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Zsa Zsa made an impression in Atlanta -- and on Delta

Zsa Zsa Gabor, who died Sunday, made a lasting impression on many with her memorable comments and extravagant lifestyle -- including in Atlanta.

The celebrity had a run-in with Delta Air Lines in 1989 that made the news.

The Atlanta Constitution's article on the incident at Hartsfield International Airport carried the headline: "Delta to Zsa Zsa: Get Off the Plane, Daaahlink; Police Escort Actress Off Jet After She Lets Dogs Loose in Cabin."

Here's an excerpt from the Jan. 6, 1989 article:

 Zsa Zsa Gabor says a star of her caliber ought to be free to fly with her beloved Shih Tzu dogs in her lap if she wants to. Sorry, daaahlink, Delta Air Lines does not agree.

Ms. Gabor, 69, was tossed off a Delta flight during a stopover in Atlanta Thursday night after she insisted on letting the dogs - named Macho Man and Genghis Khan - out of their special carry cases during the first leg of the flight, a Delta spokesman said.

Ms. Gabor was flying from Los Angeles to her home in Palm Beach, Fla., when the trouble began.

"Passengers complained, " said airline spokesman William D. Berry. "The captain asked her to put them back in the kennel. All she had to do was leave the dogs in the kennel, but she would not comply. We asked her to do nothing more than any other passenger, and the rules are animals do not roam free in the cabin of the airplane."

When the plane landed in Atlanta, a Delta agent went aboard and told Ms. Gabor the dogs had to be put back in the boxes. The dogs were still in her lap.

"He asked her six times to comply, " Mr. Berry said. "She refused to comply. Each time he was responded to with considerable vulgarity."

Atlanta police officers were then called by the agent to escort Ms. Gabor off the aircraft. She waited inside the airport - drawing stares and several requests to have photos taken - until she boarded an Eastern Airlines flight to complete the last leg of her trip.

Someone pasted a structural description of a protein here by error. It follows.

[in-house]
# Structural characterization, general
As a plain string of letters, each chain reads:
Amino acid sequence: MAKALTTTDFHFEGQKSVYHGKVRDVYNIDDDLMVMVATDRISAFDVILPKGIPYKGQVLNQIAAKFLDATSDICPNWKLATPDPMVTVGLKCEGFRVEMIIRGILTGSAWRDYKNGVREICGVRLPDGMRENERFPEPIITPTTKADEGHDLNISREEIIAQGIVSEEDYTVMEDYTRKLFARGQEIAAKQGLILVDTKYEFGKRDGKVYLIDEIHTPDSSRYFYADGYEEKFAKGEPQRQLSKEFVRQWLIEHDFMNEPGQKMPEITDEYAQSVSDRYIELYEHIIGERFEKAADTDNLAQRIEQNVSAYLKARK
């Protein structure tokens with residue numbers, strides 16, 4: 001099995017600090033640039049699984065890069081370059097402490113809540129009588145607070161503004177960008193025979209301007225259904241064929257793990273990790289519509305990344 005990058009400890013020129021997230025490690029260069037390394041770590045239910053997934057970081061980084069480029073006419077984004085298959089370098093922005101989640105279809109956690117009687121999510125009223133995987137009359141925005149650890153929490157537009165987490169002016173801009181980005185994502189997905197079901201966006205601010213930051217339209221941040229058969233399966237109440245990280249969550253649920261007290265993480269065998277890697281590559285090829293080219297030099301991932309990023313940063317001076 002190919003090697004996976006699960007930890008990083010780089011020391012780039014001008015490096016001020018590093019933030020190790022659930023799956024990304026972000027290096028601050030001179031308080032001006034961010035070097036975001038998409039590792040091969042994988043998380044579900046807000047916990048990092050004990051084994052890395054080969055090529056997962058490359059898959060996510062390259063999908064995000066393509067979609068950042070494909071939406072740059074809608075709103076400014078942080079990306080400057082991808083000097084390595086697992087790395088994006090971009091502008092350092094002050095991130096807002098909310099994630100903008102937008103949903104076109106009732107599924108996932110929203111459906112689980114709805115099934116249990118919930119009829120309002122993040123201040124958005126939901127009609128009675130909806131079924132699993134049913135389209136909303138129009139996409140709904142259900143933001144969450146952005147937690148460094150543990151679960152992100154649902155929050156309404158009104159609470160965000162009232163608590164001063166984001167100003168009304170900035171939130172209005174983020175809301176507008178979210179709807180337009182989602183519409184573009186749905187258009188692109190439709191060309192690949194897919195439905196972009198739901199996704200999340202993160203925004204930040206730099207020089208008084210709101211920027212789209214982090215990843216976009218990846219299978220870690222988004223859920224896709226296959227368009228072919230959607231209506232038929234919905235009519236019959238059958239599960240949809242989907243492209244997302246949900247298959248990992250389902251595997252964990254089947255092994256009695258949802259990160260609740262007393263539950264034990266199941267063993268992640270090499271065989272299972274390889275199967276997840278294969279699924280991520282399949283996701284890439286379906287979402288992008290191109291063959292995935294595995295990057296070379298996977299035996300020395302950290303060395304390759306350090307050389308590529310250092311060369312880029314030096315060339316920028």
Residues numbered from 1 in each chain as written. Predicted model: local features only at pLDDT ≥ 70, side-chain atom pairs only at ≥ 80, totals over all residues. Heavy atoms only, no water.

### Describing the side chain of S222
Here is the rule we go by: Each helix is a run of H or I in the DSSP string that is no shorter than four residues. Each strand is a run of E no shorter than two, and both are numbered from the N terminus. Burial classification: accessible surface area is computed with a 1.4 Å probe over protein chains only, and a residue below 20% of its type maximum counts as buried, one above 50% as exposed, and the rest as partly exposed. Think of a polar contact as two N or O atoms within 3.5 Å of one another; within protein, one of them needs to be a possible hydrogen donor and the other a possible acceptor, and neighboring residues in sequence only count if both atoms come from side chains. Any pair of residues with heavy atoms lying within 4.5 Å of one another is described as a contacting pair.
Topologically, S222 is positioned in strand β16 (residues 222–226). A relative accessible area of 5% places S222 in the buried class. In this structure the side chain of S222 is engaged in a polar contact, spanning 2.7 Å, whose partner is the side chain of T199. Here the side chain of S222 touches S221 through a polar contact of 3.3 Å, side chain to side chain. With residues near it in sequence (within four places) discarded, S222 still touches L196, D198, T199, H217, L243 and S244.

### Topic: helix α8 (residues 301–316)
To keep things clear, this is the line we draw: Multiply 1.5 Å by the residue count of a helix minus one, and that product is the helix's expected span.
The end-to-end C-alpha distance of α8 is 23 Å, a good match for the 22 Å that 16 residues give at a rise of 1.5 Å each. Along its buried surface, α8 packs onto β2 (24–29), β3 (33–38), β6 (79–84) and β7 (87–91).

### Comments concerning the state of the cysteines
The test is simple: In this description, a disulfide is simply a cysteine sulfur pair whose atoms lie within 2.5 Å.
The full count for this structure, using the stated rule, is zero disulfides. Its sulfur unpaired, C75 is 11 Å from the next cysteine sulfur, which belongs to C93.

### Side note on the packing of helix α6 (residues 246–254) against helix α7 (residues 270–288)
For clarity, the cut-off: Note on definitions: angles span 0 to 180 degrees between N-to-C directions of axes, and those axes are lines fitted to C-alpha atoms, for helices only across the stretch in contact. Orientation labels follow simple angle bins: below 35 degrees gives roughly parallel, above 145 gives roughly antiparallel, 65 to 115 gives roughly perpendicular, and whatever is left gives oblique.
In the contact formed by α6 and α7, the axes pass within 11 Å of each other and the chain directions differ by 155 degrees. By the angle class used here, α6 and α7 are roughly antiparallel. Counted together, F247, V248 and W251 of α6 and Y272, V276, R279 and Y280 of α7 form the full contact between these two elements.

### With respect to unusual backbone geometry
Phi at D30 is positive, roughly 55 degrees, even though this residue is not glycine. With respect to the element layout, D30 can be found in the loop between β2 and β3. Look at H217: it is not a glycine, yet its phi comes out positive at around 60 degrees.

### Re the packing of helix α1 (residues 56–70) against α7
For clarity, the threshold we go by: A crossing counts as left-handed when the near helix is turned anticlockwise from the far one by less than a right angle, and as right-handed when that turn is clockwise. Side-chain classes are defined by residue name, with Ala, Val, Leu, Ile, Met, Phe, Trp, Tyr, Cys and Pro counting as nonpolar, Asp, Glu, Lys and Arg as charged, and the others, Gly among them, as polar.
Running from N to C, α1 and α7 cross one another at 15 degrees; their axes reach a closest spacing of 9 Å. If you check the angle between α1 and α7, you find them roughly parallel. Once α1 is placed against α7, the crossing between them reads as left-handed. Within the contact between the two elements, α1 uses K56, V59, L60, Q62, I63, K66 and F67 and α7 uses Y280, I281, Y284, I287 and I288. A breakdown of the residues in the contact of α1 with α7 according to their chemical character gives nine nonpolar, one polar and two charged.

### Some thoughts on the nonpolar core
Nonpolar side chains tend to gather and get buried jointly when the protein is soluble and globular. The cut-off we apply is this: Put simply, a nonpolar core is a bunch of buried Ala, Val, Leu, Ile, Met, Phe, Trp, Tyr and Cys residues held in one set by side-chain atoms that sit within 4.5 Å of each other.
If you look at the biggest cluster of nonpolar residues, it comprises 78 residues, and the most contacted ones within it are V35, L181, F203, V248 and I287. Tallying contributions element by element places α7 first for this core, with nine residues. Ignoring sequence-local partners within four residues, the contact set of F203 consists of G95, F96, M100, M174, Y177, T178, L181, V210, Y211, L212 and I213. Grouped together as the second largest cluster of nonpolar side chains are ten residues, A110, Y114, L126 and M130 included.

Ms. Gabor said the Delta agent on the plane "was screaming at me like I was some criminal."

"I was so upset you can't imagine. This is not the end of this, " she said. "If I live to be 100, I'll never understand why five policemen would have to come and take me off the plane. As long as I live, I don't want to hear the word Delta."

It's unclear if Zsa Zsa, who lived until the age of 99, got her wish.

A follow-up article on a lawsuit resulting from the Atlanta incident ran in the Constitution on Jan. 19, 1989, with the headline "Zsa Zsa Dogs Delta With $10 Million Suit." Here's what it said:

No one kicks Zsa Zsa Gabor and her Shih Tzu dogs off an airplane without a fight, Delta Air Lines learned Wednesday.

....Her attorneys filed a lawsuit in Palm Beach County, Fla., seeking at least $10 million in damages.

"They started it, this is just the kickoff, " said Ms. Gabor's attorney, Bernard Cohen, of Hollywood, Fla. "She's not going to retreat. She's on the offensive."

Delta officials said Ms. Gabor was belligerent and used offensive language when flight attendants asked her to put her two pooches.... back into their carriers.

....In the suit filed in Palm Beach County Circuit Court, Ms. Gabor said she "was not treated in a first-class manner" by the "servants and employees" of the airline.

The suit also says William D. Berry, Delta vice president of public relations, defamed Ms. Gabor when he told media that she had "insulted the Atlanta agents with vulgarities" and used words that were "less than ladylike."

Delta spokeswoman Jackie Pate said the airline found the suit "quite interesting but totally unwarranted."

The lawsuit was later dismissed, according to a March 11, 1990 article in the Atlanta Journal-Constitution:

Miami U.S. District Court Judge William M. Hoeveler, otherwise occupied with the case of Manuel Antonio Noriega, found time to dismiss Princess Zsa Zsa von Anhalt a.k.a. Zsa Zsa Gabor v. Delta Air Lines.

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About the Author

Business reporter Kelly Yamanouchi covers airlines and the airport.